Girard figured it out in the offseason
NILES — Aidan Warga could’ve spent his downtime in the offseason with a pair of noise-canceling headphones strapped over his ears, plugged into a PlayStation4 controller.
He could be constantly talking to friends through a built-in microphone, playing some Madden football, visualizing what could have been.
Weeks after the 2017 loss to Perry in the Division IV, Region 13 semifinals, the Girard High School senior receiver desired a little more after the end of his junior season.
Simulation wasn’t going to do it. He, quarterback Mark Waid and a host of Girard receivers began producing plays and throwing the football around in the high school gym at 5 a.m., and on the snowy surface of Arrowhead Stadium during the daylight hours.
There’s no way that postseason letdown was about to happen again. This Indians’ receiving corps and quarterback make sure of that scenario.
“We were capable of achieving more than that,” said Warga during Tuesday’s football practice at the Niles Wellness Center.
The Indians (13-1) are playing Cincinnati Wyoming (14-0) for the Division IV state championship at 8 p.m., Saturday at Tom Benson Hall of Fame Stadium in Canton.
A big reason they’re there is because of the extra work. Just last week, facing a fourth-and-15 from the Licking Valley 22 — their season likely on the line with less than 2 minutes remaining — in the state semifinal. Quarterback Mark Waid rolled back and threw a perfect strike between the coverage right to junior receiver Nick Malito, who dove and stretched the ball over the goal line for the go-ahead touchdown.
Malito leads the Indians with 1,214 yards and 14 touchdowns, and he’s only one of several weapons for Waid. The star QB is ranked 11th in the nation, according to maxpreps.com, with his 256 of 380 passing for 4,182 yards and 47 touchdowns, the best passer in Ohio. Five of his receivers have more than 750 yards.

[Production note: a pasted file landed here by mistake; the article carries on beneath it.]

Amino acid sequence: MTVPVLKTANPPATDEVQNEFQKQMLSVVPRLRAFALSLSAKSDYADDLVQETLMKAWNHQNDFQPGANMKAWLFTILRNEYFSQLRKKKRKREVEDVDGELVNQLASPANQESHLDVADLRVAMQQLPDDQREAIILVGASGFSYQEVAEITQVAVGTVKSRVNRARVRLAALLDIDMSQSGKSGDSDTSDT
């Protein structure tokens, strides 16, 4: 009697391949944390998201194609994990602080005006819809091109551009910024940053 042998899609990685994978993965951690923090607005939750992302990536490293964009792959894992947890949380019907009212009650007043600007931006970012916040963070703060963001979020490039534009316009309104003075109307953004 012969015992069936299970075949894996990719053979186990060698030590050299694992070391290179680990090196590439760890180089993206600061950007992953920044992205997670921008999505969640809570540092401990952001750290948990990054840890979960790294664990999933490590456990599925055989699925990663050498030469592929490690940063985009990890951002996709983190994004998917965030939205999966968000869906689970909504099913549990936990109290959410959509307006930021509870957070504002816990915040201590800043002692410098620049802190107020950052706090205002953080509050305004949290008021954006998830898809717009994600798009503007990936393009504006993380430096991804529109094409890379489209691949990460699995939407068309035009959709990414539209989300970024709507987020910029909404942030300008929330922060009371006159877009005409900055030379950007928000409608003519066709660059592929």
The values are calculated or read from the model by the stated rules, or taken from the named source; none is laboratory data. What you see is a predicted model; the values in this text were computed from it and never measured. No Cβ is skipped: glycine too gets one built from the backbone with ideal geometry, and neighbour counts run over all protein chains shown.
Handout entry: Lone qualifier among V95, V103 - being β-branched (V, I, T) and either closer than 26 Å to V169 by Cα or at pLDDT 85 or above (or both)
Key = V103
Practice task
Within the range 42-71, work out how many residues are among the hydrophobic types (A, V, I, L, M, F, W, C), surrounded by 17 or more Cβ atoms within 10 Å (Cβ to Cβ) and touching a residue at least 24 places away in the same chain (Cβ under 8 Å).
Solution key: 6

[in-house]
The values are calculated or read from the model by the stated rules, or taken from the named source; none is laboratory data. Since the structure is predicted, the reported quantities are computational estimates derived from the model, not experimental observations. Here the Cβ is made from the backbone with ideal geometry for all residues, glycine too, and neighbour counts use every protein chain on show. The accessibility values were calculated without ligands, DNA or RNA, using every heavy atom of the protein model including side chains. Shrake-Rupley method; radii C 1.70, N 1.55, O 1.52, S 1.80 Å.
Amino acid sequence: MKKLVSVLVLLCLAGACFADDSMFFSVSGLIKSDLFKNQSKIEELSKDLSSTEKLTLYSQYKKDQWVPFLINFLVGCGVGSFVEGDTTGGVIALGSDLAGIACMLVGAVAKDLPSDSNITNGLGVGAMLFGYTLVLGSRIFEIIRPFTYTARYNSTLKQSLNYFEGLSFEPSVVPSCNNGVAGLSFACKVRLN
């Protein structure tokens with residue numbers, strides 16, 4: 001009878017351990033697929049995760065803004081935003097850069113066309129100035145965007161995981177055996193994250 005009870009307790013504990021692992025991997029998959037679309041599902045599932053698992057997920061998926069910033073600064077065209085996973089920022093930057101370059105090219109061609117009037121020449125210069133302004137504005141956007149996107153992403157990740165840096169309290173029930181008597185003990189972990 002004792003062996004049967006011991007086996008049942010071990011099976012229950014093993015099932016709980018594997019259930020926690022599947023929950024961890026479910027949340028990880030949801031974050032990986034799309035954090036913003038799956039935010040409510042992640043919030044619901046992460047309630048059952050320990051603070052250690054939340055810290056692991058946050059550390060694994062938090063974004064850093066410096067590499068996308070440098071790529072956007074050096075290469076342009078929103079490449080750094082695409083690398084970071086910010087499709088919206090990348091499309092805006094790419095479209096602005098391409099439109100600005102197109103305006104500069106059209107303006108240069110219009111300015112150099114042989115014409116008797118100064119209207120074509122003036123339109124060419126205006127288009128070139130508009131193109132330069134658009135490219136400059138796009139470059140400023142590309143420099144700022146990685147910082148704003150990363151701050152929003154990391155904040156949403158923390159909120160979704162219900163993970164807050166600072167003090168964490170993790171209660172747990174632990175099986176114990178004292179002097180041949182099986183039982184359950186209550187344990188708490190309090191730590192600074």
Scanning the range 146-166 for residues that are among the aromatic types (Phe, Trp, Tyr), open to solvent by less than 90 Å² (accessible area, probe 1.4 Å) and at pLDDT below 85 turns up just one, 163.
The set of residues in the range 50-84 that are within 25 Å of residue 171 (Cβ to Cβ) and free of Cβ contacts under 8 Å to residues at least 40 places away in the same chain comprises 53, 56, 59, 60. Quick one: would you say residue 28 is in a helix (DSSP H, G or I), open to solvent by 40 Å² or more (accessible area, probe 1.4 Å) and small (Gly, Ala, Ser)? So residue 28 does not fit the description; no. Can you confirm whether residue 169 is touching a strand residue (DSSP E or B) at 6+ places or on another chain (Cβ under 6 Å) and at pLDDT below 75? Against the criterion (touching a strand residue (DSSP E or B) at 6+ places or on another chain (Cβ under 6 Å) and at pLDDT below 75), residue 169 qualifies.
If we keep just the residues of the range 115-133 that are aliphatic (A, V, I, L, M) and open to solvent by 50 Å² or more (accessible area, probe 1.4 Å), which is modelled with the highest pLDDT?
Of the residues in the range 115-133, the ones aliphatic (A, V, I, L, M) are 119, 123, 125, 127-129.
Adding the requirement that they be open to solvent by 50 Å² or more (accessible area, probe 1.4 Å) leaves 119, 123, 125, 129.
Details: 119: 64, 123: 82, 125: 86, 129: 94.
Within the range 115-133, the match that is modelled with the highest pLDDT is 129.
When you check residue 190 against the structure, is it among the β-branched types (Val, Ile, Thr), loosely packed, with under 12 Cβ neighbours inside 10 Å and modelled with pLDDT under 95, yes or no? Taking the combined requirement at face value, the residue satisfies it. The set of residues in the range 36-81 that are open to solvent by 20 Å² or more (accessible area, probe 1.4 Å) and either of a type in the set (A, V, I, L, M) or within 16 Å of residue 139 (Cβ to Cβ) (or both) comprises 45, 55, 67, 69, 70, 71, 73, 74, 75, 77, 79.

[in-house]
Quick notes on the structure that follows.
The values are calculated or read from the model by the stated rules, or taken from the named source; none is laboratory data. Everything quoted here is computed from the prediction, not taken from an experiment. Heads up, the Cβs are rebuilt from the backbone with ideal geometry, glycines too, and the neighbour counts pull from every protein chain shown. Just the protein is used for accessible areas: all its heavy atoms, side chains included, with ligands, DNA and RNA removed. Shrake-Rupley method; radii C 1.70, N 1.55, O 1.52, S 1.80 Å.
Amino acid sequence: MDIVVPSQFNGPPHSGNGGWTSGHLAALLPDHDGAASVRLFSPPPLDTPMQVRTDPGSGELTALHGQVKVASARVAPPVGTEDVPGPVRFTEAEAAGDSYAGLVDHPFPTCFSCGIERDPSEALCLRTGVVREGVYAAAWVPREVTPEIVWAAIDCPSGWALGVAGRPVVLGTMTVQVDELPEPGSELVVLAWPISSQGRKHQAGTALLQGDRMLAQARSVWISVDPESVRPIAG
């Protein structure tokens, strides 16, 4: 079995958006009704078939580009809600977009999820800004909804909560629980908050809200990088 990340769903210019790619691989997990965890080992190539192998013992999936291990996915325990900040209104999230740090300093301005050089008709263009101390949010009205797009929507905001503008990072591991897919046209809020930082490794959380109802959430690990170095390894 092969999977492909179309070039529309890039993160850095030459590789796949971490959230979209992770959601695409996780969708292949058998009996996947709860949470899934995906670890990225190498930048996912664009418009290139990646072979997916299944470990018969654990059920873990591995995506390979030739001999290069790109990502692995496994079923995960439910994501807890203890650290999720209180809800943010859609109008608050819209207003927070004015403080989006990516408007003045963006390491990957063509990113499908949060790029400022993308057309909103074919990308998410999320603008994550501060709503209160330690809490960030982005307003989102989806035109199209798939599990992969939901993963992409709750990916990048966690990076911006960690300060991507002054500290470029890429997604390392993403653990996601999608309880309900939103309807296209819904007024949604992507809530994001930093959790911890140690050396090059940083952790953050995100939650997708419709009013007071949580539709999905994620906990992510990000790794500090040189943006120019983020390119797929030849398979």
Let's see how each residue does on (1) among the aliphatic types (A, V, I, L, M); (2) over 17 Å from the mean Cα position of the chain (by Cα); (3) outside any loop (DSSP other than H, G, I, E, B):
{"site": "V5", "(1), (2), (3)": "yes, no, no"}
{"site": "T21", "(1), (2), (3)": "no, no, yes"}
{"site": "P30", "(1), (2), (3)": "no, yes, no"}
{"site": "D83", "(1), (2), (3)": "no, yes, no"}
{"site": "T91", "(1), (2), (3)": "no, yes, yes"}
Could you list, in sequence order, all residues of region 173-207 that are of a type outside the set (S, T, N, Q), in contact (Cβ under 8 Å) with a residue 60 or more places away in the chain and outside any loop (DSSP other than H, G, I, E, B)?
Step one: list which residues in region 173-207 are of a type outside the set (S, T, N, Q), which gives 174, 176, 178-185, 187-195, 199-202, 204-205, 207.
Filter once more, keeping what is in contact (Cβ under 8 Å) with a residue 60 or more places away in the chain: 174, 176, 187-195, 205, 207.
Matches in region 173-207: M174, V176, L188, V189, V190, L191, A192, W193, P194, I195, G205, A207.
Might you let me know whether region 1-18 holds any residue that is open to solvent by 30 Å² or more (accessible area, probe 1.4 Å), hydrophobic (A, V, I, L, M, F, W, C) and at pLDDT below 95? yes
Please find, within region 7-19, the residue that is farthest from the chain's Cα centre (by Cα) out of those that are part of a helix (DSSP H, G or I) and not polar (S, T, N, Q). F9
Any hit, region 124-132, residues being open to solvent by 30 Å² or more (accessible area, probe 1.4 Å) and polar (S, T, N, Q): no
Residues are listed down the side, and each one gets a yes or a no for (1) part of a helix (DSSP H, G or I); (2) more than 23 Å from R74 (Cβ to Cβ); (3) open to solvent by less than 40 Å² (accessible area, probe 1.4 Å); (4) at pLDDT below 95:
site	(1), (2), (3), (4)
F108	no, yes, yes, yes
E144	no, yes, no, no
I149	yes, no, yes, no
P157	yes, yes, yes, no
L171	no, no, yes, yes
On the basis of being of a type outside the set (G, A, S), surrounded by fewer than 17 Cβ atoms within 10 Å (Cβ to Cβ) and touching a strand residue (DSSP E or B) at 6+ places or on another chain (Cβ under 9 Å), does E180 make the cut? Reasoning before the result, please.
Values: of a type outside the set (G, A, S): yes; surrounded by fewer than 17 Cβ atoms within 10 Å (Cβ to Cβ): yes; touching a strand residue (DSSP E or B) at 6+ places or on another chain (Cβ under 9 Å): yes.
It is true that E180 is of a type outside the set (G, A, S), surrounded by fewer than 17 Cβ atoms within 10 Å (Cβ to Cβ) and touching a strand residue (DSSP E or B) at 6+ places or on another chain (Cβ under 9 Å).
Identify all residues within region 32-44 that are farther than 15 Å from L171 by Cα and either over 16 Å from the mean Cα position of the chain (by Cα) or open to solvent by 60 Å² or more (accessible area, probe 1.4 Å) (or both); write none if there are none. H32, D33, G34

Malito wears a multi-color coded wristband with numerous plays. It’s a guide, but utterly useless without prior knowledge.
He and the other receivers go through many repetitions with Waid to make sure they’re in the right position when the Girard signal caller delivers a perfectly thrown strike.
“We go through every route, every play, every combo, making sure our receivers are in sync when we’re all together,” Malito said.
All those early mornings, while others would be groggy, these receivers and quarterback were focused, a rhythm that has been on display for 14 weeks.
Youngstown State University freshman Michael Belcik, who was Waid’s main receiver the past two seasons, sparked this dedication a couple of years ago when players like Malito, Warga, senior Terrance Davis and a host of others were freshmen and sophomores. The path to success has remained the same.
“All those hard hours we did in the gym shows up on the field,” Davis said.
Girard coach Pat Pearson remembers the early-morning calls in the spring, asking if he can turn on the lights at Arrowhead Stadium.
“I’ll be there,” Pearson said. “I’ll get a cup of coffee, go sit in the office and you have at it. They’ve been like that for four years.”
Achieving greatness. That’s what this Girard offensive unit wanted from that time it walked off the field after losing to Perry.
This year, it took a comeback win against Youngstown East, revenge against Perry and rival Hubbard and last week’s high-scoring affair against Licking Valley — another come-from-behind victory.
“If you dedicate your life to something, you really push for it and don’t let the distractions deter you of your end goal, you can accomplish anything,” Waid said. “I’ve always been told how I can’t do this or I can’t do that my entire life. I’ve always faced doubters. It pushes me to be better in every aspect of life.”
That tireless effort has vaulted this Girard offensive juggernaut into Saturday’s Division IV championship game.